There has been a lot of publicity in recent years about rape kits in Texas and the testing backlog.
While measures to speed up the testing have been called for in the state legislature, not all rape kits are the same. A call for standardized rape kits was recently made in an article in MySanAntonio.com.
The article noted some police departments buy rape kits off the shelf while other customize them to meet their specific needs.
One of those pushing for standardized rape kits is Nancy Downing, an associate professor at the Texas A&M College of Nursing. Downing is also a member of the Texas Forensic Science Commission.
Downing was appointed to the influential commission last year by Texas Governor Greg Abbott.
She’s concerned about the way evidence from the rape kits are being handled at different crime labs because of inconsistency. She told the TV station KXAN.
“Crime labs have their own favored analysis and their favorite process and even the nurses have a disagreement about which types of evidence to collect.”
Downing said a move to standardization would reduce the danger of contamination, leading to a faster and more efficient process and cut down on the risk of cross-contamination.
In recent years, Texas has seen major changes and improvements in the collection of rape kit evidence.
Up until four years ago, rape victims living in rural areas far from towns and cities would face a drive of hours to reach an emergency room with staff trained in the basics of forensic evidence collection. Now a law mandates all emergency rooms in Texas to have someone available round the clock to collect evidence after a sexual assault.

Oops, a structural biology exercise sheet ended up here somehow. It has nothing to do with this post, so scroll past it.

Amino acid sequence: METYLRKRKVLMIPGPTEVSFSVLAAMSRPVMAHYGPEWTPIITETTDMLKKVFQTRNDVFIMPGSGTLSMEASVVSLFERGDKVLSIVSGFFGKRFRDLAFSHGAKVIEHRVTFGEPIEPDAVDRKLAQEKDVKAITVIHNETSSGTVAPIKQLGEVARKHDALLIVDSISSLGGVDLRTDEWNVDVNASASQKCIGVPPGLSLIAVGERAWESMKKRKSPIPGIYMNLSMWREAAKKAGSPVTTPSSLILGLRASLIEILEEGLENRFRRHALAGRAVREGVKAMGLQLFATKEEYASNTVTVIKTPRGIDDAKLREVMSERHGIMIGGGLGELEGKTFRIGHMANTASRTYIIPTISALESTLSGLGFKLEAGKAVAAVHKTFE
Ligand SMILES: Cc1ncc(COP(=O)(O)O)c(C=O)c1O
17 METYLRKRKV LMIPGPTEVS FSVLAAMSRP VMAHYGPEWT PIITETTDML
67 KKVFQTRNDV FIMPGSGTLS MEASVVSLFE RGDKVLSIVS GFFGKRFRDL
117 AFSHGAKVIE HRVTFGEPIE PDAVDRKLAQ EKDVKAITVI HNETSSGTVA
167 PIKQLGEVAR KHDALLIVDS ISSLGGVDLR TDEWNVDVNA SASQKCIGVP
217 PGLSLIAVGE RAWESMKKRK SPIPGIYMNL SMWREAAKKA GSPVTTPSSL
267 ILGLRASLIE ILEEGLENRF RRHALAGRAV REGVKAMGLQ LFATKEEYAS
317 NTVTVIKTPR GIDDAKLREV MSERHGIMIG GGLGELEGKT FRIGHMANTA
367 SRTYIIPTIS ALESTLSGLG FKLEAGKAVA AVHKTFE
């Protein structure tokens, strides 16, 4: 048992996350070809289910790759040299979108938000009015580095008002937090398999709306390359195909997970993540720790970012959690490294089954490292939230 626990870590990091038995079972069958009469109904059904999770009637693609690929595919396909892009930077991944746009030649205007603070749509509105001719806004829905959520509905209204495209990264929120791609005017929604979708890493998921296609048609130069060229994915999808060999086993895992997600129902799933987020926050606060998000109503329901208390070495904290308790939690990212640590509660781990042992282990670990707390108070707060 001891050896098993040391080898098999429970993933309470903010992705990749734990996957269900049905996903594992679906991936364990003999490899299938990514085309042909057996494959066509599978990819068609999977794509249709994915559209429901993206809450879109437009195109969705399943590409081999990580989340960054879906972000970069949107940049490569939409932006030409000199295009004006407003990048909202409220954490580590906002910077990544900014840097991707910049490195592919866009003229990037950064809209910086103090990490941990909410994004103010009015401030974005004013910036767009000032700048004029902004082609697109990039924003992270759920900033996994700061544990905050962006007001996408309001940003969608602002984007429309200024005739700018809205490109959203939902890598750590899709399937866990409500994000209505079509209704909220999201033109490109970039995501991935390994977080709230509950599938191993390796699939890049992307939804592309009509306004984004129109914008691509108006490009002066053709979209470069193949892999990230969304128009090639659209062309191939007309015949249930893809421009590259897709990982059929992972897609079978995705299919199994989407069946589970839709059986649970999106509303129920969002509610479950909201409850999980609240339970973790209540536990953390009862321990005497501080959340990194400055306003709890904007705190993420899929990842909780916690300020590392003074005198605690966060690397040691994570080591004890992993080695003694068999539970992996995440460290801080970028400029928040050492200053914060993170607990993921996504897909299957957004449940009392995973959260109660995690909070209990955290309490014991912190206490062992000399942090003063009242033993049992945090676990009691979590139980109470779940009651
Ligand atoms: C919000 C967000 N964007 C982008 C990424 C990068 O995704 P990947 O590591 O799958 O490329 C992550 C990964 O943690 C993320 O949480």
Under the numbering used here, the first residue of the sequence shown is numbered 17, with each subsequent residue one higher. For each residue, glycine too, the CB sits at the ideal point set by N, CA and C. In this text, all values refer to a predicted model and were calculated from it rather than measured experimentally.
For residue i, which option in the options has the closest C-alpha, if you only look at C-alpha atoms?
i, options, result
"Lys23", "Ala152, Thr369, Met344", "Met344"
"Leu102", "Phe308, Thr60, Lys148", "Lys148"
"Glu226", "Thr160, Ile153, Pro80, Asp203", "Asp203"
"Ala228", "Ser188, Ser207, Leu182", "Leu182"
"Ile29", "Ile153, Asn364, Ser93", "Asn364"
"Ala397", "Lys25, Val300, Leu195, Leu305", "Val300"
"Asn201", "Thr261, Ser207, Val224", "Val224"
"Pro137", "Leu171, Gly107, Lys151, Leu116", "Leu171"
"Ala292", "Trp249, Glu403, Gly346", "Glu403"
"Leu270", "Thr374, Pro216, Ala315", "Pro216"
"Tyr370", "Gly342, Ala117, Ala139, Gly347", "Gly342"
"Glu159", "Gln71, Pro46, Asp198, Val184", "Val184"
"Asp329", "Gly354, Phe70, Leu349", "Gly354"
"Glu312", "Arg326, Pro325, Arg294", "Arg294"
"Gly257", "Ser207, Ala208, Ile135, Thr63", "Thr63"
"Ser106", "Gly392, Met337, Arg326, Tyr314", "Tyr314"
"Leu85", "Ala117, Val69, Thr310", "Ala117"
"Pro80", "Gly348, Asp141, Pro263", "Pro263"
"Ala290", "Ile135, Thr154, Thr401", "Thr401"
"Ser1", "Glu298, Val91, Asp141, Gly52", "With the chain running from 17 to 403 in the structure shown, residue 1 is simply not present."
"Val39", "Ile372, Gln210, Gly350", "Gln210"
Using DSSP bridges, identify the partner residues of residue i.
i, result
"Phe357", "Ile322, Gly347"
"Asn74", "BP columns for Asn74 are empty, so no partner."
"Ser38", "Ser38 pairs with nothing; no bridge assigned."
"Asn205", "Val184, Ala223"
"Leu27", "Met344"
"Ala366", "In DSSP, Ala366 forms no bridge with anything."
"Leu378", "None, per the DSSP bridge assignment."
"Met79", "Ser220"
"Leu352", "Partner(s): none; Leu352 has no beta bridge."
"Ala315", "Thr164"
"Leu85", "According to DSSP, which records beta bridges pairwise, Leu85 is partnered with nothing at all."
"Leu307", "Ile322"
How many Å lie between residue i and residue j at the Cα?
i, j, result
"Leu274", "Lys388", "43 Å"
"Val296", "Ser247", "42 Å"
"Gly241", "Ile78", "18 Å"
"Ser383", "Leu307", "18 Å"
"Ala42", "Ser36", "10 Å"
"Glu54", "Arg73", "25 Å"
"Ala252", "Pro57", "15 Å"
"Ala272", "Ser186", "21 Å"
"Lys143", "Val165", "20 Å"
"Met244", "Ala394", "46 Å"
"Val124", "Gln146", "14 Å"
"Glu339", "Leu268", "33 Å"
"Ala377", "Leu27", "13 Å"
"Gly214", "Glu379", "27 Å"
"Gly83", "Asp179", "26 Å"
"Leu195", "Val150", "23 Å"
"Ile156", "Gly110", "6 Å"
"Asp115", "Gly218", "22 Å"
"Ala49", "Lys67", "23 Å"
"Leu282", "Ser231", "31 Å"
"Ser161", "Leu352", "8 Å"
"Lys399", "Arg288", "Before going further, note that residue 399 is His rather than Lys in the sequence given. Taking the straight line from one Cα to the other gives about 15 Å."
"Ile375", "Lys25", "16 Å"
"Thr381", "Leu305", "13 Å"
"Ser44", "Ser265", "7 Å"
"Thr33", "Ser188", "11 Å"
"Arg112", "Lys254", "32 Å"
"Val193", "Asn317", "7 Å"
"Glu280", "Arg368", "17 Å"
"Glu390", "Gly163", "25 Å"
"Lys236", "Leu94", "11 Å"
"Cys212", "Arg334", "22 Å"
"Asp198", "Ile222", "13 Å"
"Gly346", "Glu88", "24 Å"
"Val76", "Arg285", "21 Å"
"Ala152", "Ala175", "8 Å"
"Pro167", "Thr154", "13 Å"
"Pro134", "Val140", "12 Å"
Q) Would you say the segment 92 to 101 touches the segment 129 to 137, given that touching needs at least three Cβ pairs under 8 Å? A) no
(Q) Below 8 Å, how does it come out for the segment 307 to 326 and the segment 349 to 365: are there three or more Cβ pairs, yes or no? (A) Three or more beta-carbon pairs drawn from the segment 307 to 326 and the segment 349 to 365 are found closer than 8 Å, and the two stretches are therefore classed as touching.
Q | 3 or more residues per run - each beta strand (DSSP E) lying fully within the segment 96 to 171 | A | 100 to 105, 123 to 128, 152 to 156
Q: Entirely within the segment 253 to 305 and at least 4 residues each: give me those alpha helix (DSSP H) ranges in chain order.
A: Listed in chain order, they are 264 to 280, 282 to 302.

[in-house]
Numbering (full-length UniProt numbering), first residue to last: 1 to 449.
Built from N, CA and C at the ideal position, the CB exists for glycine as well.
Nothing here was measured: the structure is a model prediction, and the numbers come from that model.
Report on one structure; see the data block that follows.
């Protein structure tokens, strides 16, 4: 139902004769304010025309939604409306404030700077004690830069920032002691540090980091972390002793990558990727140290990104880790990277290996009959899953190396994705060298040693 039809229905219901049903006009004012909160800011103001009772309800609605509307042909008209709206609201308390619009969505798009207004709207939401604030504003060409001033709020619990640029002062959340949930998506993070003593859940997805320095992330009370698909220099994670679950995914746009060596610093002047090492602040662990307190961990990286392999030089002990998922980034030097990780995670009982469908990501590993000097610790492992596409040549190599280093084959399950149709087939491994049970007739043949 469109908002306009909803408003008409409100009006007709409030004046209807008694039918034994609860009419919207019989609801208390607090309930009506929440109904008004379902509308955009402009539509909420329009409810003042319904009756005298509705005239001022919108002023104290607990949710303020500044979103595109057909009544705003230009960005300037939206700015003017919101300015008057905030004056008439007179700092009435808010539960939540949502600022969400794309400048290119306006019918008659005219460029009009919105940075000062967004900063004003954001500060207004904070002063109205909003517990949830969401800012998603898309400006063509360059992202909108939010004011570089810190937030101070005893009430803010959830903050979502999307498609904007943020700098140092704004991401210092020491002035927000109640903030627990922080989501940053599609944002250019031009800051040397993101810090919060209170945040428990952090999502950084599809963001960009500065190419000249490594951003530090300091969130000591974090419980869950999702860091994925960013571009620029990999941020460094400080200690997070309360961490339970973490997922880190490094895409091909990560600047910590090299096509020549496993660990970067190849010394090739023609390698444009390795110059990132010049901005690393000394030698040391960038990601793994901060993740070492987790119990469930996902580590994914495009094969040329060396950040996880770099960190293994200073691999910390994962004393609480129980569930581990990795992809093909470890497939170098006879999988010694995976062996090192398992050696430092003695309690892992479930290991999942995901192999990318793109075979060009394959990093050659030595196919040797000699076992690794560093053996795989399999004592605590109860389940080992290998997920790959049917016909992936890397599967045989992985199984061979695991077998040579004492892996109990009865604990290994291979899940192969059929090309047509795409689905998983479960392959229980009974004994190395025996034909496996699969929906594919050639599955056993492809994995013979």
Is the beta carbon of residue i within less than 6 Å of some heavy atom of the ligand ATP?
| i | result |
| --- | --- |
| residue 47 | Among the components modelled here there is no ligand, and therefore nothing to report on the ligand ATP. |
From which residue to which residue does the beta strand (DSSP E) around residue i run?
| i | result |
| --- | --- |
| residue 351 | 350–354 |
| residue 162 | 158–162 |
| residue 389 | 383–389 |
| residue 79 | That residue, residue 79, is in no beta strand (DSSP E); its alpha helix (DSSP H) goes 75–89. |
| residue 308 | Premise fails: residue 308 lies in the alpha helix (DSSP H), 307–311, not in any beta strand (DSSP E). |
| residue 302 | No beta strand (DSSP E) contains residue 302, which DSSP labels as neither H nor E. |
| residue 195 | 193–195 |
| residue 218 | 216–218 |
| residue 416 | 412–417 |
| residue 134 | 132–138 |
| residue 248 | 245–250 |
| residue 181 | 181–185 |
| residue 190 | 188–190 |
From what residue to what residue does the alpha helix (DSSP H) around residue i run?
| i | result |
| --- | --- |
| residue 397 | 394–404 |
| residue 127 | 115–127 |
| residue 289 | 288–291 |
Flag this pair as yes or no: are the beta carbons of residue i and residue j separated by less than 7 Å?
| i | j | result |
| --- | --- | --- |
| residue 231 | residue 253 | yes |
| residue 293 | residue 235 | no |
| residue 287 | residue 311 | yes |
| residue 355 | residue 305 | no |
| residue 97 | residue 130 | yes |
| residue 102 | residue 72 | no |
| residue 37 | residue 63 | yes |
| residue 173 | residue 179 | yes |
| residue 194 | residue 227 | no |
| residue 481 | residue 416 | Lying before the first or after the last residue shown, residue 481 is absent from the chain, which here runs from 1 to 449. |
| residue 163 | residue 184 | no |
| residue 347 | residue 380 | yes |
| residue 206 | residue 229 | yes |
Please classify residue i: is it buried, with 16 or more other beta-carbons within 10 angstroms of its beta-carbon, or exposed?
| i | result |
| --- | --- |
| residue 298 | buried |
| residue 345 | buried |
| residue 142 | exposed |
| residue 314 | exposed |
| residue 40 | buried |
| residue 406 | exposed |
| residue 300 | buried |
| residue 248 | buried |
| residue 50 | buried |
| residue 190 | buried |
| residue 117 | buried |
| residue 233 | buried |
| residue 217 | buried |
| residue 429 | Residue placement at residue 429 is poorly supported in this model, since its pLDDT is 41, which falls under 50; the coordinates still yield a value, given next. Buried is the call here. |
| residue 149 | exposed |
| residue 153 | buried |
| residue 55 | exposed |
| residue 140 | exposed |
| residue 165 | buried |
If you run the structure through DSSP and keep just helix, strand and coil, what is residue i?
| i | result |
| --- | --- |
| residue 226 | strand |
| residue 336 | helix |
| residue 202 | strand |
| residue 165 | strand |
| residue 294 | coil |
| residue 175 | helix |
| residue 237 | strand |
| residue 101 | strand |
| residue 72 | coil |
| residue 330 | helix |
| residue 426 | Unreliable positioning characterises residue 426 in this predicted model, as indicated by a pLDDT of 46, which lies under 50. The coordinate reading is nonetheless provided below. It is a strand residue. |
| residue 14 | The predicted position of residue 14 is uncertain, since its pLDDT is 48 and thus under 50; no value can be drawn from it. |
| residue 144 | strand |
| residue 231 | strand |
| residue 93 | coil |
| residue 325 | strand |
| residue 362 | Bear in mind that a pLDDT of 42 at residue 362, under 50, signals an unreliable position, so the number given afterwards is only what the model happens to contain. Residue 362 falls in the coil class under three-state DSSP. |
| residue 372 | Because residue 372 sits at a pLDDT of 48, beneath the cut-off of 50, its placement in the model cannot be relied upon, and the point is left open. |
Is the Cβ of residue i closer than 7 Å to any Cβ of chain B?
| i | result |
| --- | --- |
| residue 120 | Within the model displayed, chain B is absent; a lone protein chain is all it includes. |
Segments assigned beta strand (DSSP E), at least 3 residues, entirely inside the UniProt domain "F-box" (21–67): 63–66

But while the collection of DNA is vital for law enforcement, there is still a wide variation in the level of training of medical staff who collect DNA. A standardized rape kit would make it easier to adopt consistent standards.
It might also bring down costs. Every rape kit collected can cost $500 to $1,000. The state spent almost $11 million in the last 10 years tackling a backlog of about 10,500 untested rape kits.
However, there is still a backlog of more than 4,100 untested rape kits in Texas and the state is considering spending more than $4 million more to address the problem.
Some extreme measures have been mooted to tackle the backlog including asking for donations through crowdsourcing.
It’s important to have consistent problems when evidence is being collected that can deprive a defendant of his or her liberty. Just like there are many inconsistencies in Breathalyzers, rape kits are far from universal.
If you have been accused of a sexual assault in Texas, you could be facing a long time behind bars. The Medlin Law Firm can help you.